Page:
Everything in Hotel du Lac is seen through the eyes of Edith Hope, a diffident and unassuming writer of popular romantic fiction who is staying in a hotel of former splendor beside Lake Geneva, apparently against her will. She has been temporarily banished from London in some kind of disgrace. The hotel, the few guests who are lingering on to the end of the season, and the events which have led to Edith’s reluctant vacation are described in an elegantly written third-person account of her thoughts, reminiscences, and observations and through the long and loving letters she writes to David Simmonds, a married man with a family, with whom she has been having a clandestine affair.
The letters are full of wryly amused accounts of her fellow guests and their behavior, but she makes only cursory references to her encounters with Philip Neville, a cool and immaculate businessman who has recently turned up at the hotel. Not until the end of the novel is it revealed that none of the letters had been posted.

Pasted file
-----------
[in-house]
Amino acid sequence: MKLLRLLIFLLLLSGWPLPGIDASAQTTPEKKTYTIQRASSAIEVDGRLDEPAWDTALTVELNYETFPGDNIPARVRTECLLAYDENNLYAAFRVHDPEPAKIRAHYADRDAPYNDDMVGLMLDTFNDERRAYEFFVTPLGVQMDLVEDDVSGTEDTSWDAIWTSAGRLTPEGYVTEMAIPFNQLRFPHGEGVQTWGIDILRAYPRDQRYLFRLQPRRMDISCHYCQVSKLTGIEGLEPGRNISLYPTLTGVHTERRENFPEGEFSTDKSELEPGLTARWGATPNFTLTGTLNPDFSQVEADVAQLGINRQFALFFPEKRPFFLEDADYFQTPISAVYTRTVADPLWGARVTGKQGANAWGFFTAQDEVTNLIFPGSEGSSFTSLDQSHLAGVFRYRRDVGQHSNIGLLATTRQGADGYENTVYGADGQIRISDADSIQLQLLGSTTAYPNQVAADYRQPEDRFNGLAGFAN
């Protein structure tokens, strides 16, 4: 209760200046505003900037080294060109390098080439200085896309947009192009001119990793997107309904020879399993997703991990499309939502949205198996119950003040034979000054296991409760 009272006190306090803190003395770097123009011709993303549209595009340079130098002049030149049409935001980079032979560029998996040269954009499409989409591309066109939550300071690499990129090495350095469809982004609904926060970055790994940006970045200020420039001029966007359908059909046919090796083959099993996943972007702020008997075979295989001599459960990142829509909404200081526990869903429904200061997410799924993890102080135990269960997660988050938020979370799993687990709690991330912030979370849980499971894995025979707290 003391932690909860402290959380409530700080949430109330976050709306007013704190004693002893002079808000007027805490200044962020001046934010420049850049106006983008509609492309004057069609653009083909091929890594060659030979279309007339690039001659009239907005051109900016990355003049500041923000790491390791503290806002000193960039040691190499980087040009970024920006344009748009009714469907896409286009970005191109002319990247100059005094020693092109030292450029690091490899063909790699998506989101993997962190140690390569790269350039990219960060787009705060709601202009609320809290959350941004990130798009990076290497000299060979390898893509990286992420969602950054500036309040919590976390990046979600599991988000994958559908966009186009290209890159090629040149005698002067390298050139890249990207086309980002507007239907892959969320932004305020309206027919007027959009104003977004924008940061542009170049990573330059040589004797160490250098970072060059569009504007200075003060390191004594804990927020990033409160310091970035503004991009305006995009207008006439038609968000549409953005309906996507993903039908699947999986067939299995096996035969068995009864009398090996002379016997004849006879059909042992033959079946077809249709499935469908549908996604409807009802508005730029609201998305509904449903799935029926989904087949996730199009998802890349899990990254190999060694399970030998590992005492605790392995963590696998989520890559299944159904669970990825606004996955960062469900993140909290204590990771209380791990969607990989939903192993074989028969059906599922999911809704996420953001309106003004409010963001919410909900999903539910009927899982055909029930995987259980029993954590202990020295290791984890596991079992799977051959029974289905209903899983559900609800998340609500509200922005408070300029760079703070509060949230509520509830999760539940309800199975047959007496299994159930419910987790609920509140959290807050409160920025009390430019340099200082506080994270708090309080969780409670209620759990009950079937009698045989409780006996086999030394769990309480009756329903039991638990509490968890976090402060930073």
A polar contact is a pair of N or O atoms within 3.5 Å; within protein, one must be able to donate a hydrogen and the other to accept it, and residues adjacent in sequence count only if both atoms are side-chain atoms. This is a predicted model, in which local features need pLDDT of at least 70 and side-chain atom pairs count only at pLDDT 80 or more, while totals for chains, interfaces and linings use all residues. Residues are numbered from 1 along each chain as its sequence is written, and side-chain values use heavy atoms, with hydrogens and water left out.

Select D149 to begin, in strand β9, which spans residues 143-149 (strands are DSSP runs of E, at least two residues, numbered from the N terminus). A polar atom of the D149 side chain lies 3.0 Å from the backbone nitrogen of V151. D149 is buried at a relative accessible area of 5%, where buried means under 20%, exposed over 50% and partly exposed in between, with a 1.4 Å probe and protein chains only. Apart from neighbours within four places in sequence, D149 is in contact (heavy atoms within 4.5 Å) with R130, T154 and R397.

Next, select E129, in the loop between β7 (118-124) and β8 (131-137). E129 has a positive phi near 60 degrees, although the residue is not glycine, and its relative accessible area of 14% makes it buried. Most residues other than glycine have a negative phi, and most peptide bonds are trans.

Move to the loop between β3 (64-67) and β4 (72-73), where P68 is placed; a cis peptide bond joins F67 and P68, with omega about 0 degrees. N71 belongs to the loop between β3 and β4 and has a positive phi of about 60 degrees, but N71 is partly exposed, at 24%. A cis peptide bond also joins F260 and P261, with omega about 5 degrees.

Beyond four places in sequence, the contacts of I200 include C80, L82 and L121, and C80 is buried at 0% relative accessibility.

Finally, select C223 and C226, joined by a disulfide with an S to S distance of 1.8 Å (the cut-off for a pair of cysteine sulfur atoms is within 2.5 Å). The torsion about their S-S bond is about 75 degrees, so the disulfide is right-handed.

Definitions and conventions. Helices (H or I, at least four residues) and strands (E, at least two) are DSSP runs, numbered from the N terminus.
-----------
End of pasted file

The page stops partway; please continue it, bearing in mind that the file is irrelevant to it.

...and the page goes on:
The only other guests are an elderly aristocrat, Madame de Bonneuil; the beautiful but painfully thin Monica, “Lady X,” with her little dog; and the rich, glamorous, elderly widow Iris Pusey and her voluptuous daughter, Jennifer Pusey. Through her observations of these women, Edith tries to come to grips with her own emotional dilemma, which is revealed in gradual stages.
Although Edith loved David and was never happier than when ministering to his insatiable lust for food, she had been depressed by the infrequency of his visits. After meeting Geoffrey Long, a prosperous but very boring businessman, at a party given by her...
(The entire section is 683 words.)